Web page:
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2.2.  AAAA data format


   An IPv6 address is encoded in the data portion of an AAAA resource
   record in network byte order (high-order byte first).



2.3.  AAAA query


   An AAAA query for a specified domain name in the Internet class
   returns all associated AAAA resource records in the answer section of
   a response.

   A type AAAA query does not perform additional section processing.



2.4.  Textual format of AAAA records


   The textual representation of the data portion of the AAAA resource
   record used in a master database file is the textual representation
   of a IPv6 address as defined in [3].



2.5.  IP6.INT Domain


   A special domain is defined to look up a record given an address. The
   intent of this domain is to provide a way of mapping an IPv6 address
   to a host name, although it may be used for other purposes as well.
   The domain is rooted at IP6.INT.

   An IPv6 address is represented as a name in the IP6.INT domain by a
   sequence of nibbles separated by dots with the suffix ".IP6.INT". The
   sequence of nibbles is encoded in reverse order, i.e. the low-order
   nibble is encoded first, followed by the next low-order nibble and so
   on.  Each nibble is represented by a hexadecimal digit.  For example,
   the inverse lookup domain name corresponding to the address

       4321:0:1:2:3:4:567:89ab




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   would be

   b.a.9.8.7.6.5.0.4.0.0.0.3.0.0.0.2.0.0.0.1.0.0.0.0.0.0.0.1.2.3.4.IP6.INT.




3.  MODIFICATIONS TO EXISTING QUERY TYPES


   All existing query types that perform type A additional section pro-
   cessing, i.e. name server (NS), mail exchange (MX) and mailbox (MB)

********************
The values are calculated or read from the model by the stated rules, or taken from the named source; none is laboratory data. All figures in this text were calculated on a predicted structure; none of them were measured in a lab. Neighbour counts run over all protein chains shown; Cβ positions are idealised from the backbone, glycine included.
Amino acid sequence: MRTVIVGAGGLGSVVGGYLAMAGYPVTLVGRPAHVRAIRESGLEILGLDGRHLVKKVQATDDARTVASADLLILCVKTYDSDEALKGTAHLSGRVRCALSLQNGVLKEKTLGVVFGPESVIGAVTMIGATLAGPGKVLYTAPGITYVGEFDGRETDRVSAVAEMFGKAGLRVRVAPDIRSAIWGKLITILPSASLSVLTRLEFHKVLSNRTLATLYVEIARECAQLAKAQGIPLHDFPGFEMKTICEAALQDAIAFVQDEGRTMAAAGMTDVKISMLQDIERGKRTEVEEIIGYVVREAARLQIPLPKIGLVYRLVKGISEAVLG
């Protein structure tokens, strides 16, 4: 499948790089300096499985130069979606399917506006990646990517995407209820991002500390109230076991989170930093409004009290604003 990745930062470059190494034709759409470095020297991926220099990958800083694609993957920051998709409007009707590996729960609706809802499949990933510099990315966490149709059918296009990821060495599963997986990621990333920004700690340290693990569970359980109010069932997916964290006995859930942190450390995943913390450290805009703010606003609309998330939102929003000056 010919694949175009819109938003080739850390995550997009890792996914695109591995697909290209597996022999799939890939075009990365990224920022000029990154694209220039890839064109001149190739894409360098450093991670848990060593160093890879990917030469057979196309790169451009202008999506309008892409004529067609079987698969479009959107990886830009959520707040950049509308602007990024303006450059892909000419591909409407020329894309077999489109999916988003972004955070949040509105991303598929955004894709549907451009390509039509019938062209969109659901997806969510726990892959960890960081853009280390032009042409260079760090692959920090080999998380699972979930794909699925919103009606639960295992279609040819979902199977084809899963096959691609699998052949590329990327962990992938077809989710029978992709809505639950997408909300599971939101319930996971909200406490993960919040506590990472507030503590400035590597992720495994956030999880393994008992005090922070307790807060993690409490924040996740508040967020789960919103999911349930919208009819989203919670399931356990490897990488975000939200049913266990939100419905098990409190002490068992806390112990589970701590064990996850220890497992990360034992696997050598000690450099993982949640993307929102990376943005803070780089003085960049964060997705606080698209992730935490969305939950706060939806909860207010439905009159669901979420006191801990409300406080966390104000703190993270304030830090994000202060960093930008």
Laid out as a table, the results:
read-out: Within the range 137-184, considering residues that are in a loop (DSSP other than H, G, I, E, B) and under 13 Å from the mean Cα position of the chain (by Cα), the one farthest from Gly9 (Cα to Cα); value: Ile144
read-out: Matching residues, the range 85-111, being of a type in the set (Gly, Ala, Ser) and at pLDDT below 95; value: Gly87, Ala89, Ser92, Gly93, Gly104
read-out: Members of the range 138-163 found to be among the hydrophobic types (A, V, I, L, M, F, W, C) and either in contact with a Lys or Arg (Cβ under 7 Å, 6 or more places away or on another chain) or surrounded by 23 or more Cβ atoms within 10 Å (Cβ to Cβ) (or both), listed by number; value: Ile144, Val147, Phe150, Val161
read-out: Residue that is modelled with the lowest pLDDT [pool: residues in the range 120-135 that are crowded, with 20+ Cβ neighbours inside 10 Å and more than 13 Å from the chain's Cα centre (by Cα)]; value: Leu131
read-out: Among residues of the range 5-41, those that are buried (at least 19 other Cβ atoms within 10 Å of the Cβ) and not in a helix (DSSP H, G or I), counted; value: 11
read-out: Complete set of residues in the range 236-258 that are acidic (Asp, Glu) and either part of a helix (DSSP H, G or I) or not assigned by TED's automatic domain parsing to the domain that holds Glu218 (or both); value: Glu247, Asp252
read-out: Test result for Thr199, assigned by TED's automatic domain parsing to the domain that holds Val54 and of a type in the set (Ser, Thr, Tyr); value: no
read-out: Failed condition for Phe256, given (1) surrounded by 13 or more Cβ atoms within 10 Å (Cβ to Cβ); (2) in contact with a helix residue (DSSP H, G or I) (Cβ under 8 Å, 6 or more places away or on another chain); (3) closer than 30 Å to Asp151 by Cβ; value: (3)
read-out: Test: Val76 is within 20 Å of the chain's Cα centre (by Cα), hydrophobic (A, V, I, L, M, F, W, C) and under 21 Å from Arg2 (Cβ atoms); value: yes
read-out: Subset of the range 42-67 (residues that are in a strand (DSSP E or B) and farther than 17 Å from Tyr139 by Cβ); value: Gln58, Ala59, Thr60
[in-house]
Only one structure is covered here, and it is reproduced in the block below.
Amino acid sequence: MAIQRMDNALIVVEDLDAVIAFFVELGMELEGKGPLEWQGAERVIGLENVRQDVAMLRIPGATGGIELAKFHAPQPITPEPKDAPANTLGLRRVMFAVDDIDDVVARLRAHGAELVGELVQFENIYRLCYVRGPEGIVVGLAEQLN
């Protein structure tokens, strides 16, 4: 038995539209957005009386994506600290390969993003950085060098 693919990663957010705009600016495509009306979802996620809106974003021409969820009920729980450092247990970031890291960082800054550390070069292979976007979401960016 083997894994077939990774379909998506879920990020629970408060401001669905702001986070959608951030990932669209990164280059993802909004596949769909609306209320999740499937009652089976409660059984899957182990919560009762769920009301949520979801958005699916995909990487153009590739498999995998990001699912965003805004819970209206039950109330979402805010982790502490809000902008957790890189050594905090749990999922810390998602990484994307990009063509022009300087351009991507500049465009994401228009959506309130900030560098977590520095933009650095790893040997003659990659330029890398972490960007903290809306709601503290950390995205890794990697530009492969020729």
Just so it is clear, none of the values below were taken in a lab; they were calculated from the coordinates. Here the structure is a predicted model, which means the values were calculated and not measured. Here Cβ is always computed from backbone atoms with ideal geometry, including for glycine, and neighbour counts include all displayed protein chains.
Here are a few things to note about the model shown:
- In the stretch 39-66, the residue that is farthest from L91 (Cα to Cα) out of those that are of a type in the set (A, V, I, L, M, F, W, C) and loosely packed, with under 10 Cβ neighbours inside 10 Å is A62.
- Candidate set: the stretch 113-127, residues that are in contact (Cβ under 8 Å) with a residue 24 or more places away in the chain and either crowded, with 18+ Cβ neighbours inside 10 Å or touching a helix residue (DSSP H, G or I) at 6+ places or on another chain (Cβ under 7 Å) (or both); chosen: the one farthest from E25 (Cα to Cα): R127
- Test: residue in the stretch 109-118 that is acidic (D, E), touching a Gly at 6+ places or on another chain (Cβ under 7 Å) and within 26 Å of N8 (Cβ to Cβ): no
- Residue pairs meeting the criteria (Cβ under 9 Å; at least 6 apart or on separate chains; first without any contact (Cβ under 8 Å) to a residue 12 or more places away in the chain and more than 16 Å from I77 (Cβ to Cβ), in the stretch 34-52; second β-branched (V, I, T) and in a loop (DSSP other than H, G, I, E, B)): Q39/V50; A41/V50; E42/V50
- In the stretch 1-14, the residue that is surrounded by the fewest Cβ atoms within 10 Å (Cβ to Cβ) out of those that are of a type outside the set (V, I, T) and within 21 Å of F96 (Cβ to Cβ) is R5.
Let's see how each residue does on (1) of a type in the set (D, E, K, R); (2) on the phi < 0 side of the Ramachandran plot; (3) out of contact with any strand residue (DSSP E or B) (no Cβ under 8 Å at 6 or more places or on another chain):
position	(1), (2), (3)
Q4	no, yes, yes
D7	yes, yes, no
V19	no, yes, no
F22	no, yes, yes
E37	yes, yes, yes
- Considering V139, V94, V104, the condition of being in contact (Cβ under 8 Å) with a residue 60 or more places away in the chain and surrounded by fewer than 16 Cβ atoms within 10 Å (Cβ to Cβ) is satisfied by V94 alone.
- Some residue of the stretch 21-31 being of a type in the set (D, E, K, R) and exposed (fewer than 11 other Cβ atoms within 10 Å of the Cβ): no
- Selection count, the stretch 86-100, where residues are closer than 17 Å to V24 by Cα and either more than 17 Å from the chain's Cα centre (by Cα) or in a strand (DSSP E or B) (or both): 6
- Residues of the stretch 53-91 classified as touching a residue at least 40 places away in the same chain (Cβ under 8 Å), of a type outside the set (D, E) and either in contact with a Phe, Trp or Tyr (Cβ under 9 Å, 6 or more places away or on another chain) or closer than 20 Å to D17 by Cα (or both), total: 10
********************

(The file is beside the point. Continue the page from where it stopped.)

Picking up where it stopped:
query types, must be redefined to perform both type A and type AAAA
   additional section processing. These new definitions mean that a name
   server must add any relevant IPv4 addresses and any relevant IPv6
   addresses available locally to the additional section of a response
   when processing any one of the above queries.



4.  SECURITY CONSIDERATIONS


   Security issues are not discussed in this memo.
























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5.  REFERENCES



   [1]  P. Mockapetris, "Domain Names - Concepts and Facilities", STD
        13, RFC 1034, USC/Information Sciences Institute, November 1987.

   [2]  P. Mockapetris, "Domain Names - Implementation and Specifica-
        tion", STD 13, RFC 1035, USC/Information Sciences Institute,
        November 1987.

   [3]  R. Hinden, Editor, IPng Addressing Architecture, Internet Draft,
        draft-ietf-ipngwg-ipv6-addr-arch-00.txt, March 1995.


Authors' Addresses


   Susan Thomson
   Bellcore
   MRE 2P343
   445 South Street
   Morristown, NJ 07960
   U.S.A.

   Phone: +1 201-829-4514
   Email: set@thumper.bellcore.com

   Christian Huitema
   INRIA, Sophia-Antipolis
   2004 Route des Lucioles
   BP 109
   F-06561 Valbonne Cedex
   France

   Phone: +33 93 65 77 15
   EMail: Christian.Huitema@MIRSA.INRIA.FR